@@Starting a business or blog? Start saying 'no'.@@
5. Trust your gut
The main reason I didn’t start saying ‘no’ immediately to opportunities I knew weren’t right for me? I didn’t trust my gut. I didn’t trust that the icky feeling in my stomach was telling me something. I worked with people even when I got a bad vibe from them; I said ‘yes’ even though my gut was telling me ‘no’.
@@Starting a business or blog? Trust your gut.@@
6. Stop wasting time on the stupid stuff
I still have to tell myself this daily as I catch myself scrolling through Facebook for the millionth time or fiddling away on some tiny little chore that doesn’t matter.
When you’re in business, there are so many things you can be doing—and it doesn’t make sense to spend time on stuff that’s not going to contribute. For example, I spent so long at the start of my business fiddling with the first WordPress website, which drove me bonkers. I wasted hundreds of hours trying to make WordPress bend to my will. And you know what I did in the end? Switched to Squarespace. I found a solution that may have cost a bit more (dollar-wise), but saved me so much time, energy, and frustration.
Don’t waste your time. Do stuff that matters.
7. Focus your service offerings
When I first started my business, I thought I’d make more money (see point 2) if I offered all of my skills as services. I started out offering writing, editing, publishing, design, website building, social media marketing and management, branding, and a lot of other stuff.
… Reading all that back, I want to shake myself. Like, what? What was I doing?
It was crazy. I don’t want to be a website designer. I don’t want to be a branding specialist. I definitely don’t want to be a VA. I want to write and edit! And just because I could do all of those things didn’t mean I should have offered them as services.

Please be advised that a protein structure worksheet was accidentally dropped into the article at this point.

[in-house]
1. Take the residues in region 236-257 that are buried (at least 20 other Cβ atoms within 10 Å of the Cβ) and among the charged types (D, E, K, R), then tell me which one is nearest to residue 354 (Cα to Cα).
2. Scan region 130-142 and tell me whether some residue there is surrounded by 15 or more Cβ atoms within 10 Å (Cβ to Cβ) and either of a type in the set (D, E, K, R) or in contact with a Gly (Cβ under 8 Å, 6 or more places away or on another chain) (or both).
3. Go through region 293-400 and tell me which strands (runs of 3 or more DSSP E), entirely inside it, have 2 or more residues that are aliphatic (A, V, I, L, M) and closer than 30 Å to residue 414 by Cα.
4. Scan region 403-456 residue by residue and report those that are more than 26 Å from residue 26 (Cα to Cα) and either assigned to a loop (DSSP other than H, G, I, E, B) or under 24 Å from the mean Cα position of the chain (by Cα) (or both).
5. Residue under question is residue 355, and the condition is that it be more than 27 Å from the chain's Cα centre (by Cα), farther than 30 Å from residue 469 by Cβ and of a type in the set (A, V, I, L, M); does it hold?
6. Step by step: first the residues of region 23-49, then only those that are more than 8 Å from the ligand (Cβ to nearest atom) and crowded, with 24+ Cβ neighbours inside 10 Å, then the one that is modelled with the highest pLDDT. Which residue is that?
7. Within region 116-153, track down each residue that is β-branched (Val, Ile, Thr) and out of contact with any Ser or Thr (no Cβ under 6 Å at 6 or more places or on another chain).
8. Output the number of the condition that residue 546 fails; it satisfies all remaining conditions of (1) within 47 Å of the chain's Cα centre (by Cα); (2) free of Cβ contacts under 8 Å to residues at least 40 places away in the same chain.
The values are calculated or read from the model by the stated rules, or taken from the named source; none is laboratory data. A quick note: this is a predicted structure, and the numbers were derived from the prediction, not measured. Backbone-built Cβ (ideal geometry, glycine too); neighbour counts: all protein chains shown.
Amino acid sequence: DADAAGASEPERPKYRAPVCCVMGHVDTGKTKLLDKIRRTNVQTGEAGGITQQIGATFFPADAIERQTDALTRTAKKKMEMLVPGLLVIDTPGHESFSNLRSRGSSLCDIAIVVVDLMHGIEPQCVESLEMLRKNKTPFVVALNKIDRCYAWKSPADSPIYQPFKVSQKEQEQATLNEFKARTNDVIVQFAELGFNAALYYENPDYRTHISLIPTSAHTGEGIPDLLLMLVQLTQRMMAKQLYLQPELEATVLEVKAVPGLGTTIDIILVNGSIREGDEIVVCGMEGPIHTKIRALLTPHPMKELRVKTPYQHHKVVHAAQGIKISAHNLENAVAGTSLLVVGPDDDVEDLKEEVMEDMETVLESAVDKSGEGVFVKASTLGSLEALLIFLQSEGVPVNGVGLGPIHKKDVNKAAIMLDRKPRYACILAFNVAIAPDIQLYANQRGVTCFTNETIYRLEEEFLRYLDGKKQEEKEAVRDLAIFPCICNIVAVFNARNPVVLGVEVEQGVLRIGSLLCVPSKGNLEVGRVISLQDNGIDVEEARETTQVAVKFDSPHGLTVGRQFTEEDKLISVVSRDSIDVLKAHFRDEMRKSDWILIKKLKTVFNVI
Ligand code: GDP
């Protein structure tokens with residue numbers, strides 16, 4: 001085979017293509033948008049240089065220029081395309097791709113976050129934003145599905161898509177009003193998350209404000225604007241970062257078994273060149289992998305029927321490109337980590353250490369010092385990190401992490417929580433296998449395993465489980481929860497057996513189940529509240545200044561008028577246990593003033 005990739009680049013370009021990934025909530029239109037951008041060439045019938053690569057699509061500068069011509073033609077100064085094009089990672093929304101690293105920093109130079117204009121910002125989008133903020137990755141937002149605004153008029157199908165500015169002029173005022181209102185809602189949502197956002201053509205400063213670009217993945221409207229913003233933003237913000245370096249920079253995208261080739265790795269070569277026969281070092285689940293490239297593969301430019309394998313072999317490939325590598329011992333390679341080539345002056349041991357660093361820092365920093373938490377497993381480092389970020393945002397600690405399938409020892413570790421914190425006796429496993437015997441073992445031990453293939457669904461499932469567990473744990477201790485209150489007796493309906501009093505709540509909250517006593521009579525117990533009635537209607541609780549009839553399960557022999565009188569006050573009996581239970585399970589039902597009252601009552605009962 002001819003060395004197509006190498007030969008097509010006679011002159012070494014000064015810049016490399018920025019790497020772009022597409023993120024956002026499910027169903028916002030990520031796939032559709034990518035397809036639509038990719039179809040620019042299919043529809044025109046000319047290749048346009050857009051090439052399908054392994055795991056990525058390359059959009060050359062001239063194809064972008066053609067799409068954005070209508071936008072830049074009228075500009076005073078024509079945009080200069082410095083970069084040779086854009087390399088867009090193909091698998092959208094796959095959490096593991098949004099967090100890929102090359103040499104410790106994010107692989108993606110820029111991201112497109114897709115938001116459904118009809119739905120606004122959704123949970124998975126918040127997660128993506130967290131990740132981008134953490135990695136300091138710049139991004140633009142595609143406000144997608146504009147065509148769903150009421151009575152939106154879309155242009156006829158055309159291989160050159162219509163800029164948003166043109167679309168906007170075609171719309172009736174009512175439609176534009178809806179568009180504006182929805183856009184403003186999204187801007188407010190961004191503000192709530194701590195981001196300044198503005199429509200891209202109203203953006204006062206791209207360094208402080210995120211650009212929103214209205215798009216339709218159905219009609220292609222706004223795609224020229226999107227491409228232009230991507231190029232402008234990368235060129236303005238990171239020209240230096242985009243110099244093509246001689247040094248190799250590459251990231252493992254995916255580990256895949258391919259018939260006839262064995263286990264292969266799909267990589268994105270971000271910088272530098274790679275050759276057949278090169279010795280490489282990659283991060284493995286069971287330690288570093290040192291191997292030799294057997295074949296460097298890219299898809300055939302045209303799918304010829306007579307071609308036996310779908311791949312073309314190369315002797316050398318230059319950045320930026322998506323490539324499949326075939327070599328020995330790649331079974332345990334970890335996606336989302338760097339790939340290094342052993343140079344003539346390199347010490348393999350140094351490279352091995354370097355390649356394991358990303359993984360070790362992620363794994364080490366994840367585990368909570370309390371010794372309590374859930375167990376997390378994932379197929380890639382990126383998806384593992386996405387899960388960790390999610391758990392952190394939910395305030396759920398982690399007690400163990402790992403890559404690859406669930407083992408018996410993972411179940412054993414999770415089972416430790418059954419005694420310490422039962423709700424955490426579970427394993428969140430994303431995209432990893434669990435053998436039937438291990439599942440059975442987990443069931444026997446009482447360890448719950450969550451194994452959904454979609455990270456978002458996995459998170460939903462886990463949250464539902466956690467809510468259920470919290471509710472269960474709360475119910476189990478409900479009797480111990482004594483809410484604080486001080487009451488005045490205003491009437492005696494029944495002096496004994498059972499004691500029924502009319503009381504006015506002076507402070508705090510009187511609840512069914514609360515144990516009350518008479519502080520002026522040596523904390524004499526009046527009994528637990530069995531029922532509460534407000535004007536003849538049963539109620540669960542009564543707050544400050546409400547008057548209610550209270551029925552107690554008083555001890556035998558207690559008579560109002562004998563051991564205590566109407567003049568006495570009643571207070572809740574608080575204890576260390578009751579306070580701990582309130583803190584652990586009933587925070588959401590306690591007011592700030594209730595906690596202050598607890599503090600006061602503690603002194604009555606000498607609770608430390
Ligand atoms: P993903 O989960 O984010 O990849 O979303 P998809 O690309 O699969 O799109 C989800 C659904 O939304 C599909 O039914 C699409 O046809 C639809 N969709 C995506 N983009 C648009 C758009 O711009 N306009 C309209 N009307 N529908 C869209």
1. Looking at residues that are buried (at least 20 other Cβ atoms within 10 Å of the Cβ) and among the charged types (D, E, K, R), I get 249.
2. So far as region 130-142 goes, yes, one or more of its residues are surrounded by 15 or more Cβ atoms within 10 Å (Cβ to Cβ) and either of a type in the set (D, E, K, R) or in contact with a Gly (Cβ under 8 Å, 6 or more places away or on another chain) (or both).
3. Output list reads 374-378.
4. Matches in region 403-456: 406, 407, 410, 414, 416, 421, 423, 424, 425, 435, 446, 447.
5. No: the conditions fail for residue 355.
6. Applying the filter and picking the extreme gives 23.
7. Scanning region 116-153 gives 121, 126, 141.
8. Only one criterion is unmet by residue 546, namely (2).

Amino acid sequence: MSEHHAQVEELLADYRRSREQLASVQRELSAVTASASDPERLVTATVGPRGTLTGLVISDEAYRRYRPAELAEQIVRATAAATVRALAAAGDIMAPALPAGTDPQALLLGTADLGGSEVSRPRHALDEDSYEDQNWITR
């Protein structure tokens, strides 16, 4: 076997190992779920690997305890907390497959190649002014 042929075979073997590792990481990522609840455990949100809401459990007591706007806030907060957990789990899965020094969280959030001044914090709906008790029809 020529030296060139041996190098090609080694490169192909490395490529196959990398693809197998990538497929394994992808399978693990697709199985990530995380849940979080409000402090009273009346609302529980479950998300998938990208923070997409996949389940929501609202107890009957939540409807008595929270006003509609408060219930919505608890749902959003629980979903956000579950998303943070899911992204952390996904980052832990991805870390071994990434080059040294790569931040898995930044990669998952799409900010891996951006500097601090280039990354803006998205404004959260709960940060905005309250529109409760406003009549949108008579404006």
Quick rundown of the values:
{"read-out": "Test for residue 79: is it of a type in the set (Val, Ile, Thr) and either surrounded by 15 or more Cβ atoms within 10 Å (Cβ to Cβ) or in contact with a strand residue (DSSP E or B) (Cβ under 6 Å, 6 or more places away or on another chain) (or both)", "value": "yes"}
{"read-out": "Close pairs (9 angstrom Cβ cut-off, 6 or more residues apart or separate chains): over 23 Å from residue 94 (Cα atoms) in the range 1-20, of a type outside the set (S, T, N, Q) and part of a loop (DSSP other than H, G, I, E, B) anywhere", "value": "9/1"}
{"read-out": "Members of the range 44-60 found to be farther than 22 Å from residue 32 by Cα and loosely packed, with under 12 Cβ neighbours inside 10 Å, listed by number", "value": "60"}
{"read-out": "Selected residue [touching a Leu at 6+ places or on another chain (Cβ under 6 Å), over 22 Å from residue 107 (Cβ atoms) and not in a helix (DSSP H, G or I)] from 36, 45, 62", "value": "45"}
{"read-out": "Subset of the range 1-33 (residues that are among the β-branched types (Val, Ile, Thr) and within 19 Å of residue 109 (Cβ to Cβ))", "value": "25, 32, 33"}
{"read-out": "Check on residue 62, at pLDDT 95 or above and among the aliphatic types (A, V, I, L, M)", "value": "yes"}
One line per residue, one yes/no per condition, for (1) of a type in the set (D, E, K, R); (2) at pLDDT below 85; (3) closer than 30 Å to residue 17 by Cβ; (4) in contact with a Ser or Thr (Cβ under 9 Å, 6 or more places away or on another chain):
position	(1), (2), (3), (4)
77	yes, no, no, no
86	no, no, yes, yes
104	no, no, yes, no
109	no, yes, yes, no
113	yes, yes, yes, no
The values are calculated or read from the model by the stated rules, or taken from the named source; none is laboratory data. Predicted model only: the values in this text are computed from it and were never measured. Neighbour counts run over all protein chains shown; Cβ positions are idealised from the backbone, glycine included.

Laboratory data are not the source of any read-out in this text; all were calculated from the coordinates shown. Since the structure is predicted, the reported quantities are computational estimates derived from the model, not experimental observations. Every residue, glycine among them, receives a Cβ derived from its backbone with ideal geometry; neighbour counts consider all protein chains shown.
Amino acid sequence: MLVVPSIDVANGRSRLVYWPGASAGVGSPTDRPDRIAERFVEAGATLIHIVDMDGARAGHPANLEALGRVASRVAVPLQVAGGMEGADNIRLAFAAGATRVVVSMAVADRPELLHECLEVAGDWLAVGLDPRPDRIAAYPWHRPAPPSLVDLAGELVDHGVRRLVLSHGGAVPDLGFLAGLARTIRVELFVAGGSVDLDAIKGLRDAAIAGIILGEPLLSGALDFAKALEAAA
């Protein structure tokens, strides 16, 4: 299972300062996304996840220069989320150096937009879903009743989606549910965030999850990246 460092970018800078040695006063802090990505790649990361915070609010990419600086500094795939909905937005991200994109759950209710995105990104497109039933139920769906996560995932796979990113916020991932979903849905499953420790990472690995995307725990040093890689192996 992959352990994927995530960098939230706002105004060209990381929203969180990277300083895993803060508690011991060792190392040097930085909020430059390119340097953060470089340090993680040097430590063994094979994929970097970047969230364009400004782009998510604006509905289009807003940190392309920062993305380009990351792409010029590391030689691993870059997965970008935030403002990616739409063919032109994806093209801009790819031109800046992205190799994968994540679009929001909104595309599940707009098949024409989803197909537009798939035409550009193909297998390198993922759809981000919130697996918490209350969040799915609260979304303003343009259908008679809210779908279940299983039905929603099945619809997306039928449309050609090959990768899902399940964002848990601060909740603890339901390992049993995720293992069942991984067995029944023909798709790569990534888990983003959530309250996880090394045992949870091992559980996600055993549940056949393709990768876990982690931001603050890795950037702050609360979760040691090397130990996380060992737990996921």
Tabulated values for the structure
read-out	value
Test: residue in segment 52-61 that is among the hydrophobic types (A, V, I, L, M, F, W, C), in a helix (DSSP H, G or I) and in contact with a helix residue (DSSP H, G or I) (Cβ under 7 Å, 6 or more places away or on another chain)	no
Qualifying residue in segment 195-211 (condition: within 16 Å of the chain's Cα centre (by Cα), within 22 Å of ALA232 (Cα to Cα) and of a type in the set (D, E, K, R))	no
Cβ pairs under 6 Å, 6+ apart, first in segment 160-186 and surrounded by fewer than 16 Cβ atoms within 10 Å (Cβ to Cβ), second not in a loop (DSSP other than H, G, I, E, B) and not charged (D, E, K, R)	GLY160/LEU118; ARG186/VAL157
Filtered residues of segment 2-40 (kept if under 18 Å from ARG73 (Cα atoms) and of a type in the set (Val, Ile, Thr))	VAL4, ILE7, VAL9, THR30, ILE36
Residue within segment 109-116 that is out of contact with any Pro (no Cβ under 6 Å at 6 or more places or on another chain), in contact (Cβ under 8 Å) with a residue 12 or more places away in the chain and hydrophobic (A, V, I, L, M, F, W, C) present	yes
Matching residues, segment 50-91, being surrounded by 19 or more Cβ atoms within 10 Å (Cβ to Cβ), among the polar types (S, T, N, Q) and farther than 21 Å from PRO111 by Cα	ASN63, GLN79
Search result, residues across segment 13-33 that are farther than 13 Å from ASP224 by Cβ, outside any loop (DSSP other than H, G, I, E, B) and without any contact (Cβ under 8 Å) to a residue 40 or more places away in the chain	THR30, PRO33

Now that I’ve limited my offerings, I’m much happier, and I feel much clearer about my business and its direction.
8. Get started—this is one of the best decisions you’ll ever make
I started my business because I was unhappy with my life, and I knew I needed to make a change.
I had quit a traumatising, breakdown-inducing job a year and a half earlier, and had spent a whole year looking for a new job—with no success. At all. I had started my Master’s, but as someone who loves work, I was missing it deeply. I knew I couldn’t be happy unless I was working, but nobody would give me the opportunity.
So, I took matters into my own hands and started my business—and I’ve never regretted it (quite a feat for someone who second-guesses everything). Sure—it’s been difficult. I’ve felt like shit some days. I’ve cried. I’ve lost sleep worrying. I’ve had weeks where I’ve made $0 and stressed about whether I’d ever make it.
In spite of all that, though, it’s been the most enjoyable and interesting time of my life. I love, love, love what I do, and I know that it’s only going to get better as I keep learning and growing.
@@Eight pieces of advice I'd give my one-year-ago self about starting a business & blog.@@